As the people of Ukraine are fighting for their lives with violent protests on the rise, mainstream news outlets are centered on a more pressing story. With the chaos of the closest thing to civil war the country has ever been faced with erupting it seems that there are more important issues dealt with in the world because all U.S media can focus on is the arrest of 19-year-old YouTuber-turned-pop sensation Justin Bieber.
For as long as I can remember, the turbulent ups and downs of Hollywood royalty has made our nation go into a frenzy. Why people are more concerned about a teenage pop star than what is happening in the world around them is ludicrous. Why teenage girls idolize the Miley Cyruses and Kim Kardashians of the world when they should be idolizing women such as Sheryl Sandberg is beyond my scope of reason.
Given the reality in which we live in with the discontinuation of almost all Seattle-based newspapers more people are getting their information from online sources. With celebrity gossip so easily accessible it has quickly become a guilty pleasure of ours. I, too, am guilty of exchanging the quality news stories of the New York Times to those of TMZ’s covers on celebrity nude photos (Dylan Sprouse).
Hollywood culture has taken over the world and it does so firstly by taking over the world of news. I realize that writing about the culture itself is no different but for the life of me I cannot pinpoint the time where society stopped caring about the reality of the world and strictly immersed itself in pop culture and the lives of Hollywood’s latest trainwrecks.
It does not help that celebrities make their everyday lives and thoughts more accessible by posting what they do, where they are, and who they’re with on Twitter and then turn around and complain about their lack of privacy.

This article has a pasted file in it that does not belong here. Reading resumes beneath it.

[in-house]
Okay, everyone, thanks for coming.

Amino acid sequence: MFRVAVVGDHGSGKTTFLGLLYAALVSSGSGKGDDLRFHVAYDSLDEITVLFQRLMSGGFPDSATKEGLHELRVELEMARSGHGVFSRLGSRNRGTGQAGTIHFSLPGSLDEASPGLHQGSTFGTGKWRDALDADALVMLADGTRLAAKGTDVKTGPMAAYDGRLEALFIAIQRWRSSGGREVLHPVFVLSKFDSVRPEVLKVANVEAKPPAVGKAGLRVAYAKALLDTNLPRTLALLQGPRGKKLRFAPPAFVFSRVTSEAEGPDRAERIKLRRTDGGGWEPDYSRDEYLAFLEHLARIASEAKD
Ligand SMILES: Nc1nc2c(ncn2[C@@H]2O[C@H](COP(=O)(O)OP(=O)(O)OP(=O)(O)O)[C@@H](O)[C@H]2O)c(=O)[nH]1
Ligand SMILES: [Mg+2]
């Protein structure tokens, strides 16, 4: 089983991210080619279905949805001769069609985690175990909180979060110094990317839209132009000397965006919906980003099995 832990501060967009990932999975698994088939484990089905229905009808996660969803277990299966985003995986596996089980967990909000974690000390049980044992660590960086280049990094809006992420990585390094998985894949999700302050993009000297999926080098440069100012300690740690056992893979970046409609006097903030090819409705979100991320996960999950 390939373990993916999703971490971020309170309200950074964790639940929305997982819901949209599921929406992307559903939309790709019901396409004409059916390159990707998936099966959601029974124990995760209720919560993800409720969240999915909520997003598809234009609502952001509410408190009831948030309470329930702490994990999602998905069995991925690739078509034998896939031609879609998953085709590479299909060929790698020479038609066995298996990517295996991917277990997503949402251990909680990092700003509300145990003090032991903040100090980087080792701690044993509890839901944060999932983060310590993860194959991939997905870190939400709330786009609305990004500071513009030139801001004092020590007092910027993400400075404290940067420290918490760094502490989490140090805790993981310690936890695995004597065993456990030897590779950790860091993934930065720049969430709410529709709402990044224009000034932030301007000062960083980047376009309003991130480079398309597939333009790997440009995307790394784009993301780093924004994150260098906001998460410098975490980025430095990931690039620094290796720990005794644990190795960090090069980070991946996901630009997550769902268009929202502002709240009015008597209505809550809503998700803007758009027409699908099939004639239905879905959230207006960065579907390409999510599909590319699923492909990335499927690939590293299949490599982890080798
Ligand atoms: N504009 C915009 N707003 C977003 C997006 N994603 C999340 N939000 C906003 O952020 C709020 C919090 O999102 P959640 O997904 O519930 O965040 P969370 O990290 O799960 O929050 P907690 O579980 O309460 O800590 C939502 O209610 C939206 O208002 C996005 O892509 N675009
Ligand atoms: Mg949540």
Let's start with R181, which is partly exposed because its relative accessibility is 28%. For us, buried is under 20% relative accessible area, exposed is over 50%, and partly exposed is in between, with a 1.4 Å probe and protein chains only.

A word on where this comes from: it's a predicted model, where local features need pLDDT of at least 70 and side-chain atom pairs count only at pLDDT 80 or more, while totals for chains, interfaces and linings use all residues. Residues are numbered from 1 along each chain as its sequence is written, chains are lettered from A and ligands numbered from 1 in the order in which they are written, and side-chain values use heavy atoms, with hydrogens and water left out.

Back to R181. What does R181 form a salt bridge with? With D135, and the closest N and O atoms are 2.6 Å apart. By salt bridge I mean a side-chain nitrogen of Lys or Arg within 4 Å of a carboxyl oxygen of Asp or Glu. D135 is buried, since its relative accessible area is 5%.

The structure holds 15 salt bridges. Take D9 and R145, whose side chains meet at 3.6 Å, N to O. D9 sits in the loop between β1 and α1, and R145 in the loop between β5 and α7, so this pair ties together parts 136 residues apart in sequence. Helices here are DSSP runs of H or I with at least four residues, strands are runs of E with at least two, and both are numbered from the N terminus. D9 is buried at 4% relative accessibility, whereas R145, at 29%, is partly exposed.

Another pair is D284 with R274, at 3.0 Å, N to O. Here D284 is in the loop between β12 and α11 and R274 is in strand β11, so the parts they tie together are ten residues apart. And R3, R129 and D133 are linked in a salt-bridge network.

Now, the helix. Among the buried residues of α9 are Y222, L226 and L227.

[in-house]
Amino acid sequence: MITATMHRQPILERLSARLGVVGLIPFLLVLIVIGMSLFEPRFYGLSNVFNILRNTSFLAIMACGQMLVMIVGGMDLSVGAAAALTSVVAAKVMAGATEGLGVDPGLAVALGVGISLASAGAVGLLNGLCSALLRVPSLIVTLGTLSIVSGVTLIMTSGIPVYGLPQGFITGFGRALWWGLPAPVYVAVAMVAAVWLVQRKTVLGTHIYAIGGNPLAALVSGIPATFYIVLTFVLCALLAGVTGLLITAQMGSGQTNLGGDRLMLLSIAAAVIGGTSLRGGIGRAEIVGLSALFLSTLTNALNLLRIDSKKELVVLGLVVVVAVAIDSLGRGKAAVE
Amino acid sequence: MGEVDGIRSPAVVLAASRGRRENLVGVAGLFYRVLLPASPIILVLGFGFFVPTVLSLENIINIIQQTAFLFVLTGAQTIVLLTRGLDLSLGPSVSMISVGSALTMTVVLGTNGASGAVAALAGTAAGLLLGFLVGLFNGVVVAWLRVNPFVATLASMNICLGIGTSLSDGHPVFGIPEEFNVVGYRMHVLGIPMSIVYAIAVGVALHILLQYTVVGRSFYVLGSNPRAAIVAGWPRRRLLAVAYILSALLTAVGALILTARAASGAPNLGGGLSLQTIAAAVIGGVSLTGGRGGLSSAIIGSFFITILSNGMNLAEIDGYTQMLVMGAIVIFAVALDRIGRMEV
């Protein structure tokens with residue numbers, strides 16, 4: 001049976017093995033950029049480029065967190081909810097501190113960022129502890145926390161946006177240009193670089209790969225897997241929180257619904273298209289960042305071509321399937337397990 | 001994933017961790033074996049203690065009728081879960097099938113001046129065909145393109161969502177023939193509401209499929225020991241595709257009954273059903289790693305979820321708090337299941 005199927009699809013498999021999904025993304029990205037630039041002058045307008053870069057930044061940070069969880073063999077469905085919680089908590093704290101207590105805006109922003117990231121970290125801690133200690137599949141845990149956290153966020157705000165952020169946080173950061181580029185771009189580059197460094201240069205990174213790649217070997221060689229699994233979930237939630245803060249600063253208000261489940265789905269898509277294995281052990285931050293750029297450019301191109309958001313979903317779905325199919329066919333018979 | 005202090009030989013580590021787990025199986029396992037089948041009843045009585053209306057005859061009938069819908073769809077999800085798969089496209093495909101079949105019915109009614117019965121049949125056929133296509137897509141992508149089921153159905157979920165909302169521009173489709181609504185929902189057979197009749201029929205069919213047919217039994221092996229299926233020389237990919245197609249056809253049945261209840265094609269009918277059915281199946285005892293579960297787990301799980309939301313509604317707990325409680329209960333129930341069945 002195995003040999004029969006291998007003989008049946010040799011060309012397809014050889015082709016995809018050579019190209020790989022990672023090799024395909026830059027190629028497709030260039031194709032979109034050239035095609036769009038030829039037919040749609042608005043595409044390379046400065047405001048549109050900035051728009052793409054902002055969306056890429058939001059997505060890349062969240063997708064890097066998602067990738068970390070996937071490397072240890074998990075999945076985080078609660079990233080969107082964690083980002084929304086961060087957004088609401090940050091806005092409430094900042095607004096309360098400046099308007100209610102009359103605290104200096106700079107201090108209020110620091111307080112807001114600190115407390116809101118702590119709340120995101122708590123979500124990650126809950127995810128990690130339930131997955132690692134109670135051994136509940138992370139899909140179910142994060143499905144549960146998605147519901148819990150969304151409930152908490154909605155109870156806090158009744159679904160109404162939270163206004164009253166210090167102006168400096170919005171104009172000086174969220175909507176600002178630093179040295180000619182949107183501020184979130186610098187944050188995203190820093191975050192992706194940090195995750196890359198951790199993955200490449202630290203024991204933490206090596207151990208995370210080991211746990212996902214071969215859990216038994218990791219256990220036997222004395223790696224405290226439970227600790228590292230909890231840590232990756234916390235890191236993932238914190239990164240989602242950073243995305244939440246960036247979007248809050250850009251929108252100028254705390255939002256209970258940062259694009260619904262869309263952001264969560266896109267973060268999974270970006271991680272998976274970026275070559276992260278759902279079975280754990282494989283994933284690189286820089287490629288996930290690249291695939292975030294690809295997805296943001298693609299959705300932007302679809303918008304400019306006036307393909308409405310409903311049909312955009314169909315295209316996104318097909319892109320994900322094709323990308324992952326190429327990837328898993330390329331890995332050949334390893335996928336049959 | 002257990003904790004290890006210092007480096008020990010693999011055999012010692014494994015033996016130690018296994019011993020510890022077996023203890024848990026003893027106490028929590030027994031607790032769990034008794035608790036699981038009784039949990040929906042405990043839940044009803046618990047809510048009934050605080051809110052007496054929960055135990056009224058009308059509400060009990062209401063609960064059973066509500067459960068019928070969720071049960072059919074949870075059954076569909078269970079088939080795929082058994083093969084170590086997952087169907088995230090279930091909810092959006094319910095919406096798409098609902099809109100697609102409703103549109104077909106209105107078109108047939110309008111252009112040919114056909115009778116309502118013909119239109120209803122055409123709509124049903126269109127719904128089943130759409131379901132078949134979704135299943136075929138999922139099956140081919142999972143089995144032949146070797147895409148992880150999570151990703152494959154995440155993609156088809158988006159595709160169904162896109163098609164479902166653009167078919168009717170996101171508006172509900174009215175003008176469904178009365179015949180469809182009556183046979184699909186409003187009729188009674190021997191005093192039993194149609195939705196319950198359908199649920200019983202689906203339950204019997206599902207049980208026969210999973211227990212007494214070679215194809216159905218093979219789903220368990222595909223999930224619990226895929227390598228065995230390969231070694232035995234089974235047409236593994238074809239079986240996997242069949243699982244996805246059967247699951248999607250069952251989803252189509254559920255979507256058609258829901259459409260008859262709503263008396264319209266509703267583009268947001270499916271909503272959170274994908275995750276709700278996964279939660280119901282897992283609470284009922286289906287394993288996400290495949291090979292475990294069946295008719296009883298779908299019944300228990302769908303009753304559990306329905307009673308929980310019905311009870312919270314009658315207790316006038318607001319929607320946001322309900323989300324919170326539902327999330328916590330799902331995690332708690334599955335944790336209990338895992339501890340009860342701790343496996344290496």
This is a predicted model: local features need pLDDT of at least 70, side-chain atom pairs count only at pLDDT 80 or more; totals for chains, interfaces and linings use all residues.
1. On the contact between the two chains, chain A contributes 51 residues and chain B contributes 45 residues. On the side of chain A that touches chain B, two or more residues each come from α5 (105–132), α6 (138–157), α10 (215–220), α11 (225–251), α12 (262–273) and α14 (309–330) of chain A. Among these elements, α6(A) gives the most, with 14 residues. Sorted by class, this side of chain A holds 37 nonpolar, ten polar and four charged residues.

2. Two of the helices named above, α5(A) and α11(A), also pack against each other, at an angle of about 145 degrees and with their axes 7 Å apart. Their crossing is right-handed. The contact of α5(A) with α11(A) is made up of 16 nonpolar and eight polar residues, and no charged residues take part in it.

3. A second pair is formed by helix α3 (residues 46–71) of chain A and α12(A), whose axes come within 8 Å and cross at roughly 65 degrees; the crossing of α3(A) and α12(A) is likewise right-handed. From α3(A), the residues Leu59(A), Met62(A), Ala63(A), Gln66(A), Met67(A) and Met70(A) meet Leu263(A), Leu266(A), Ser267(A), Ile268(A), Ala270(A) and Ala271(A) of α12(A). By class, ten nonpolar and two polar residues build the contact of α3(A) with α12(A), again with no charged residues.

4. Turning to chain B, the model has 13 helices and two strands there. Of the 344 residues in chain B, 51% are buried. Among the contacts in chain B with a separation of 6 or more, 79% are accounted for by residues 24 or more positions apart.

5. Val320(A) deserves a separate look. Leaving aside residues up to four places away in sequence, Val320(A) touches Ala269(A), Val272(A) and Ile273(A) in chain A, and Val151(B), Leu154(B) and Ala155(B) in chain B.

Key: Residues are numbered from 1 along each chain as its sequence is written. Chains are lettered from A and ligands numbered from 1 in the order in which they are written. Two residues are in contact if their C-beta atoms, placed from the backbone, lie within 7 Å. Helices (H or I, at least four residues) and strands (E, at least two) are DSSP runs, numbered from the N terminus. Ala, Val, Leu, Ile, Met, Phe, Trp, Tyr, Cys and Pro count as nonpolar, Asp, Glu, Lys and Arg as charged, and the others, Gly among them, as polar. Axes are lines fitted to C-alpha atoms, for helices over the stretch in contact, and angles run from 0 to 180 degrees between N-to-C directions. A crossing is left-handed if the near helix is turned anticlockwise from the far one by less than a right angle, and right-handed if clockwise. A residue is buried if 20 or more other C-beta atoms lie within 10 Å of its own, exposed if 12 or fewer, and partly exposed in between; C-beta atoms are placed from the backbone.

When Miley Cyrus performed on the MTV Music Video Awards this past summer it was a national headline. Not only did bloggers, YouTubers and my mother comment on the terrifying and obscene presentation of American pop stars but so did CNN. They even went as far as taking the cameras to the streets and asking middle-aged men and women their opinions. All of this overshadowed the pertinent information CNN could have been discussing about the Syrian civil war. But I guess getting the opinions of a man who thumbs up Miley Cyrus’ VMA performance is crucial information.
With close to half of our country legalizing same-sex marriage we must give credit where credit is due. It is the forward thinking of many young Americans that has projected us to the state of equality in which we live. We no longer live in the dark ages; women do not have to wear dresses to their ankles and can look a man in the eye as their equal. However such a movement should not be taken advantage of.
Practically masturbating, hanging naked from a ball or “twerking” (which has yet to be put into a dictionary, thank god) in a music video is not artistic expression, it is inappropriate and crude. When did society begin to condone this behavior? Deeming pornography an expression of one’s body does not make it art.
Let’s not forget the actual pornographic sex tape that launched the career of one of the biggest empires in the world. Yes, I am talking about the Kardashians, and yes, if you include Bruce Jenner in the mix the family is worth 207 million dollars. Isn’t that just a kick in the gut? The dramatic world of reality television has risen under our hand.
I have come to the conclusion that we are the enablers in this industry of fame. We are infatuated by Hollywood’s elite. The lifestyle and the money is a thing we envy and we cannot help but gloat or sympathize when the world comes crashing in around our idolized public figures.